These efforts include free transportation for medicines and medical supplies valued at $8 million, more than 1 million meals, 840,000+ pounds of relief supplies, and 90,000 blankets and coats for Ukrainian refugees.

UPS also is expanding its vaccine equity efforts in developing nations in Africa — building upon its success in distributing COVID-19 vaccines in Ghana, Malawi, Rwanda and other developing countries.

Nikki Clifton.

The UPS Foundation, UPS Healthcare and UPS Flight Forward are expanding their partnerships with Gavi, the Vaccine Alliance and Zipline to deliver vaccines and critical healthcare supplies to millions of people across Nigeria and Kenya.

Over the past two years, these organizations have worked hand-in-hand with UPS to deliver nearly 1.5 million COVID-19 vaccine doses via drone to underrepresented populations, as well as rural and remote communities. These efforts have an immediate impact on health equity and the established healthcare infrastructure will benefit people for decades to come.

“Service is in our DNA at UPS, and equity is at the center of all we do through the UPS Foundation,” said Nikki Clifton, president of the UPS Foundation. “This combination puts us in a powerful position to use our size, scale, and know-how to deliver what matters in Atlanta and around the world.”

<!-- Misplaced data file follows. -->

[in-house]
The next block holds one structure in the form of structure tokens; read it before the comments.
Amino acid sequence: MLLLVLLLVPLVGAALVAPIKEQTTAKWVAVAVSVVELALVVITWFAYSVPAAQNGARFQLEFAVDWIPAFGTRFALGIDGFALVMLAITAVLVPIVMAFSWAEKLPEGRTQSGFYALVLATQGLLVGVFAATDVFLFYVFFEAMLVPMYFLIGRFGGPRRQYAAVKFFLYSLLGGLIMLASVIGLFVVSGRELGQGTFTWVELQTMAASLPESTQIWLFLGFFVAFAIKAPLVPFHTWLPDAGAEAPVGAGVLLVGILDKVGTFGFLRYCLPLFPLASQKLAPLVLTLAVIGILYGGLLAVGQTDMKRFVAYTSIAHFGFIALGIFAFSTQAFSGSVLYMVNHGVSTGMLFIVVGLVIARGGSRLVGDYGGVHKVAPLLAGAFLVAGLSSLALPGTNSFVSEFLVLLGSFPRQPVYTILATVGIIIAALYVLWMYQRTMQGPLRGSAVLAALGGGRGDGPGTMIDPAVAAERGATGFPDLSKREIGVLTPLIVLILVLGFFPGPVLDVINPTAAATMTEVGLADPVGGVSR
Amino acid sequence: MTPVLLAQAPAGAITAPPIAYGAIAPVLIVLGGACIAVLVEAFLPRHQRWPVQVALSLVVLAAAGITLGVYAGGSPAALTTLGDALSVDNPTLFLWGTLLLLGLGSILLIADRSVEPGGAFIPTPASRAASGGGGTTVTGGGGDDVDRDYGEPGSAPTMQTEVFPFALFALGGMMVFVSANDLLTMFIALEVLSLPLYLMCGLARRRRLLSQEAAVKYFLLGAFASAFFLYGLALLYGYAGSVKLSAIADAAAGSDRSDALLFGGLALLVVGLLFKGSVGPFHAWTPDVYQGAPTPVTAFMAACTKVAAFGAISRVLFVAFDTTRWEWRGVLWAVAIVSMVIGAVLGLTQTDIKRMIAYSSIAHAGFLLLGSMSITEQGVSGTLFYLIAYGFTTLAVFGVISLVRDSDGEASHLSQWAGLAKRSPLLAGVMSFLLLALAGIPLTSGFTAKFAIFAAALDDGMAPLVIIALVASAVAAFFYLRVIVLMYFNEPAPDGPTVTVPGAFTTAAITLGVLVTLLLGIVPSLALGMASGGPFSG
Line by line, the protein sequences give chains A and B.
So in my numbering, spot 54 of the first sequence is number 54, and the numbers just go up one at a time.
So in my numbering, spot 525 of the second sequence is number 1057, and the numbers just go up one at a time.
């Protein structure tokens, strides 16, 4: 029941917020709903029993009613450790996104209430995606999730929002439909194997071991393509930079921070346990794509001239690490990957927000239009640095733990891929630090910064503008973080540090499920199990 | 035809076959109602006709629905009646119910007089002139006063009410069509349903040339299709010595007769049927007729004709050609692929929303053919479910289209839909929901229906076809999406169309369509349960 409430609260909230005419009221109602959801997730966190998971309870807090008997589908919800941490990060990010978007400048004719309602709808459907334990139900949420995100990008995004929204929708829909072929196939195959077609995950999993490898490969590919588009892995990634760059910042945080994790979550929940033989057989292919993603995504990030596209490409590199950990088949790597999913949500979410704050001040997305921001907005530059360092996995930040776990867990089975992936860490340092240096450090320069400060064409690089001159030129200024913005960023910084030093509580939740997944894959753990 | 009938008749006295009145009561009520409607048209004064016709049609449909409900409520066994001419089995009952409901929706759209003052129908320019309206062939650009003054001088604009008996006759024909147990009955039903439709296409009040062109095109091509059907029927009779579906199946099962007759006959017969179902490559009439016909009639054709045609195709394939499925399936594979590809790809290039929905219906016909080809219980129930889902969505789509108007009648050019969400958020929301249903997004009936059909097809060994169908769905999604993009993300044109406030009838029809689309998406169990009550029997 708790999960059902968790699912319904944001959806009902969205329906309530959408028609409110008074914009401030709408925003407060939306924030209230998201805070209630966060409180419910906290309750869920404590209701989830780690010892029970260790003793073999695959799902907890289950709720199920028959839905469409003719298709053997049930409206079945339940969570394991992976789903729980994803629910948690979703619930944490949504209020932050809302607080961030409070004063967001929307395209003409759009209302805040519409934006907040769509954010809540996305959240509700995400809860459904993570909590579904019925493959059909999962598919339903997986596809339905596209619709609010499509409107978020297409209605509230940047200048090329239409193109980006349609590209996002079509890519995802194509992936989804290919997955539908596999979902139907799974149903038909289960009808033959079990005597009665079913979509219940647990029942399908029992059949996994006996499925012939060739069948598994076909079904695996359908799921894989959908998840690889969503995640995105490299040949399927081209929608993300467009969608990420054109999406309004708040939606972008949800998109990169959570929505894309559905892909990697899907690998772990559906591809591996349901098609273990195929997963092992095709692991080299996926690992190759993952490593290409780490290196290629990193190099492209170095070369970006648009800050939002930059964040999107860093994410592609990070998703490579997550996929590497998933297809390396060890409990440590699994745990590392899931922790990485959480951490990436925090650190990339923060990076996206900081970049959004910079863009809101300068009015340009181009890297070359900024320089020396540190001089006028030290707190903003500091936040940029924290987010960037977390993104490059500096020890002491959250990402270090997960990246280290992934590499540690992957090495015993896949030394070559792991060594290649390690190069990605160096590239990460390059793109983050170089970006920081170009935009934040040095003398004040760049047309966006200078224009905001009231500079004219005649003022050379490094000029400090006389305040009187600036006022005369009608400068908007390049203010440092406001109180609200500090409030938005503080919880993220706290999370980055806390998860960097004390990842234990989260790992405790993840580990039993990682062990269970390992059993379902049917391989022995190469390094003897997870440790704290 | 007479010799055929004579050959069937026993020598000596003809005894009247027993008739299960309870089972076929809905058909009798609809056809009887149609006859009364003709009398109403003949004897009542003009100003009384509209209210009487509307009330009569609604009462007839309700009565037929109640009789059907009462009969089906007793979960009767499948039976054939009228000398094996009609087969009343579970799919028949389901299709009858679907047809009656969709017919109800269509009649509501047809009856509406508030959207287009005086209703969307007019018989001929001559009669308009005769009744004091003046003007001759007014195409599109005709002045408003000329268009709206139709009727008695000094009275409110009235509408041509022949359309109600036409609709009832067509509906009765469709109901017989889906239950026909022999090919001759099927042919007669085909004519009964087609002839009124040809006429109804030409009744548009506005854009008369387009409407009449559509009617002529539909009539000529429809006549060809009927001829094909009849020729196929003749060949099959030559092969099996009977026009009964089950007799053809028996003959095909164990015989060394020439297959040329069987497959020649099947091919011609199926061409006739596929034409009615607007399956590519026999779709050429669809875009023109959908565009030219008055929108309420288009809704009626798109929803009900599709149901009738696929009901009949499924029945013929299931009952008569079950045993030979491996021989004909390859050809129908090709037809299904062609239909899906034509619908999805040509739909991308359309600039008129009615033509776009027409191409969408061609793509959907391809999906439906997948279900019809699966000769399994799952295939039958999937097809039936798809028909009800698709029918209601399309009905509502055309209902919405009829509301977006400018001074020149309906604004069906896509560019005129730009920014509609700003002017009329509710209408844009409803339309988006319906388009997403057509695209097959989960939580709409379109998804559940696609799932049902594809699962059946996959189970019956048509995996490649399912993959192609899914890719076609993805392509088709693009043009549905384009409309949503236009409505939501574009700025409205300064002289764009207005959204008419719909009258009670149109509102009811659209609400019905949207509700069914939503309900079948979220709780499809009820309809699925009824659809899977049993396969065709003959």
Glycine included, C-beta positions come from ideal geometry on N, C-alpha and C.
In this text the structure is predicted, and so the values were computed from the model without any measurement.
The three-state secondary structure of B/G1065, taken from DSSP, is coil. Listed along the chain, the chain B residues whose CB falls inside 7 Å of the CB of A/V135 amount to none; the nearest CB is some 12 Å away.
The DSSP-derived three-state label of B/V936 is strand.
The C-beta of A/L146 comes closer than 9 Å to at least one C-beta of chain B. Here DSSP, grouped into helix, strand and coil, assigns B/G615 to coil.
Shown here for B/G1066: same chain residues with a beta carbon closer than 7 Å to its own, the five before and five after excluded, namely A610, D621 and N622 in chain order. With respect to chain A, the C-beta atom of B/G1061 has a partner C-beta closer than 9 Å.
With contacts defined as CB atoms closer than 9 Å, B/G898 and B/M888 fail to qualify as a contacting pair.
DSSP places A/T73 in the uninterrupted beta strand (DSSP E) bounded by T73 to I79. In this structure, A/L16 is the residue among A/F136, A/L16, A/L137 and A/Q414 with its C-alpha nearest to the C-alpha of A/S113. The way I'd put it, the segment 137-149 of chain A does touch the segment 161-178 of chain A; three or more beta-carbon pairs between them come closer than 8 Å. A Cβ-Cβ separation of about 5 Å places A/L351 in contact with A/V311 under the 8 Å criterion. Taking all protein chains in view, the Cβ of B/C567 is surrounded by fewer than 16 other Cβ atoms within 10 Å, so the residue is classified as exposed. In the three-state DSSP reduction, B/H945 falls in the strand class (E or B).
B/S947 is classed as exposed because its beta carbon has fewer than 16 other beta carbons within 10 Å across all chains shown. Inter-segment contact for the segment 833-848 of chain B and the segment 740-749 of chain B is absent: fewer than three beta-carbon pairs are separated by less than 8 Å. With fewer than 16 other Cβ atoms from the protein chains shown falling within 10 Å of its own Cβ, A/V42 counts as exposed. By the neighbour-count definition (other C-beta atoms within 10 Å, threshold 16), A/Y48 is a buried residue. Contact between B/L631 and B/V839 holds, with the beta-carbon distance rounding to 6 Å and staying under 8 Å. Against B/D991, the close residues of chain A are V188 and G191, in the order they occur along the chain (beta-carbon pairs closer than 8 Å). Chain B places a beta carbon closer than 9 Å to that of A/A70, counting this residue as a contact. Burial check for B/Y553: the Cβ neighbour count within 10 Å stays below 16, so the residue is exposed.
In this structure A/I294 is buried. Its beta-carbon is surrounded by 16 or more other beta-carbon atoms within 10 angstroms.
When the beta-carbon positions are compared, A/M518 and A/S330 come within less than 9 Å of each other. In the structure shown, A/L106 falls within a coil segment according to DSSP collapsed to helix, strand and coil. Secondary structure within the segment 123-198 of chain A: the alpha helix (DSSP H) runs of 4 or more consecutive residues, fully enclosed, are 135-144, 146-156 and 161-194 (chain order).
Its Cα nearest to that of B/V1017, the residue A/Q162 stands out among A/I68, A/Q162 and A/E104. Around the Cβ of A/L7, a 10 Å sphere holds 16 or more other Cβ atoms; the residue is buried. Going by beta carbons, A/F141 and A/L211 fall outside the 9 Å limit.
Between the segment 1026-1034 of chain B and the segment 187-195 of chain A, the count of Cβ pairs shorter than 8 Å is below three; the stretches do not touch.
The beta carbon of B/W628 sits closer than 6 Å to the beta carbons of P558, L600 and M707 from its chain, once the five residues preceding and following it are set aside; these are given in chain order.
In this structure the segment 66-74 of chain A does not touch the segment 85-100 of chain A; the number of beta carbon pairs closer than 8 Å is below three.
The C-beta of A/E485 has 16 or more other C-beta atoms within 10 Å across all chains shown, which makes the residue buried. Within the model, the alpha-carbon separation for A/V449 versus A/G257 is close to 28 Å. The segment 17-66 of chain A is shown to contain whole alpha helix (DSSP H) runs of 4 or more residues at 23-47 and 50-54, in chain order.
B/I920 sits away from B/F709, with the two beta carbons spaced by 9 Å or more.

The UPS Impact Summit will feature several influential speakers including:

  • Jay Bailey, president and CEO of the Russell Innovation Center for Entrepreneurs
  • Deisha Barnett, president of global communications for UPS
  • Daniel Buezo, co-founder of Kids of Immigrants
  • Nikki Clifton, president of the UPS Foundation
  • Nicquel Terry Ellis, senior writer at CNN
  • Ayana Green, UPS vice president of U.S. marketing
  • Laura Lane, UPS executive vice president and chief corporate affairs officers
  • Stephanie Liu, co-founder and CEO of Xerophile Studios
  • Marc Morial, president and CEO of the National Urban League
  • Ingrid Orozco, CEO of ULead International
  • Tony Robinson, senior vice president of corporate social responsibility for Carters Inc.
  • Jill Savitt, president and CEO of the National Center for Civil and Human Rights
  • Doug Shipman, president of the Atlanta City Council
  • Charlene Thomas, UPS executive vice president and chief DEI officer
  • Monica Villavicencio, co-founder of Xerophile Studios
  • Kevin Warren, UPS executive vice president and chief marketing officer
Maria Saporta

Maria Saporta, Editor, is a longtime Atlanta business, civic and urban affairs journalist with a deep knowledge of our city, our region and state.  Since 2008, she has written a weekly column and news stories for the Atlanta Business Chronicle. Prior to that, she spent 27 years with The Atlanta Journal-Constitution, becoming its business columnist in 1991. Maria received her Master’s degree in urban studies from Georgia State and her Bachelor’s degree in journalism from Boston University. Maria was born in Atlanta to European parents and has two young adult children.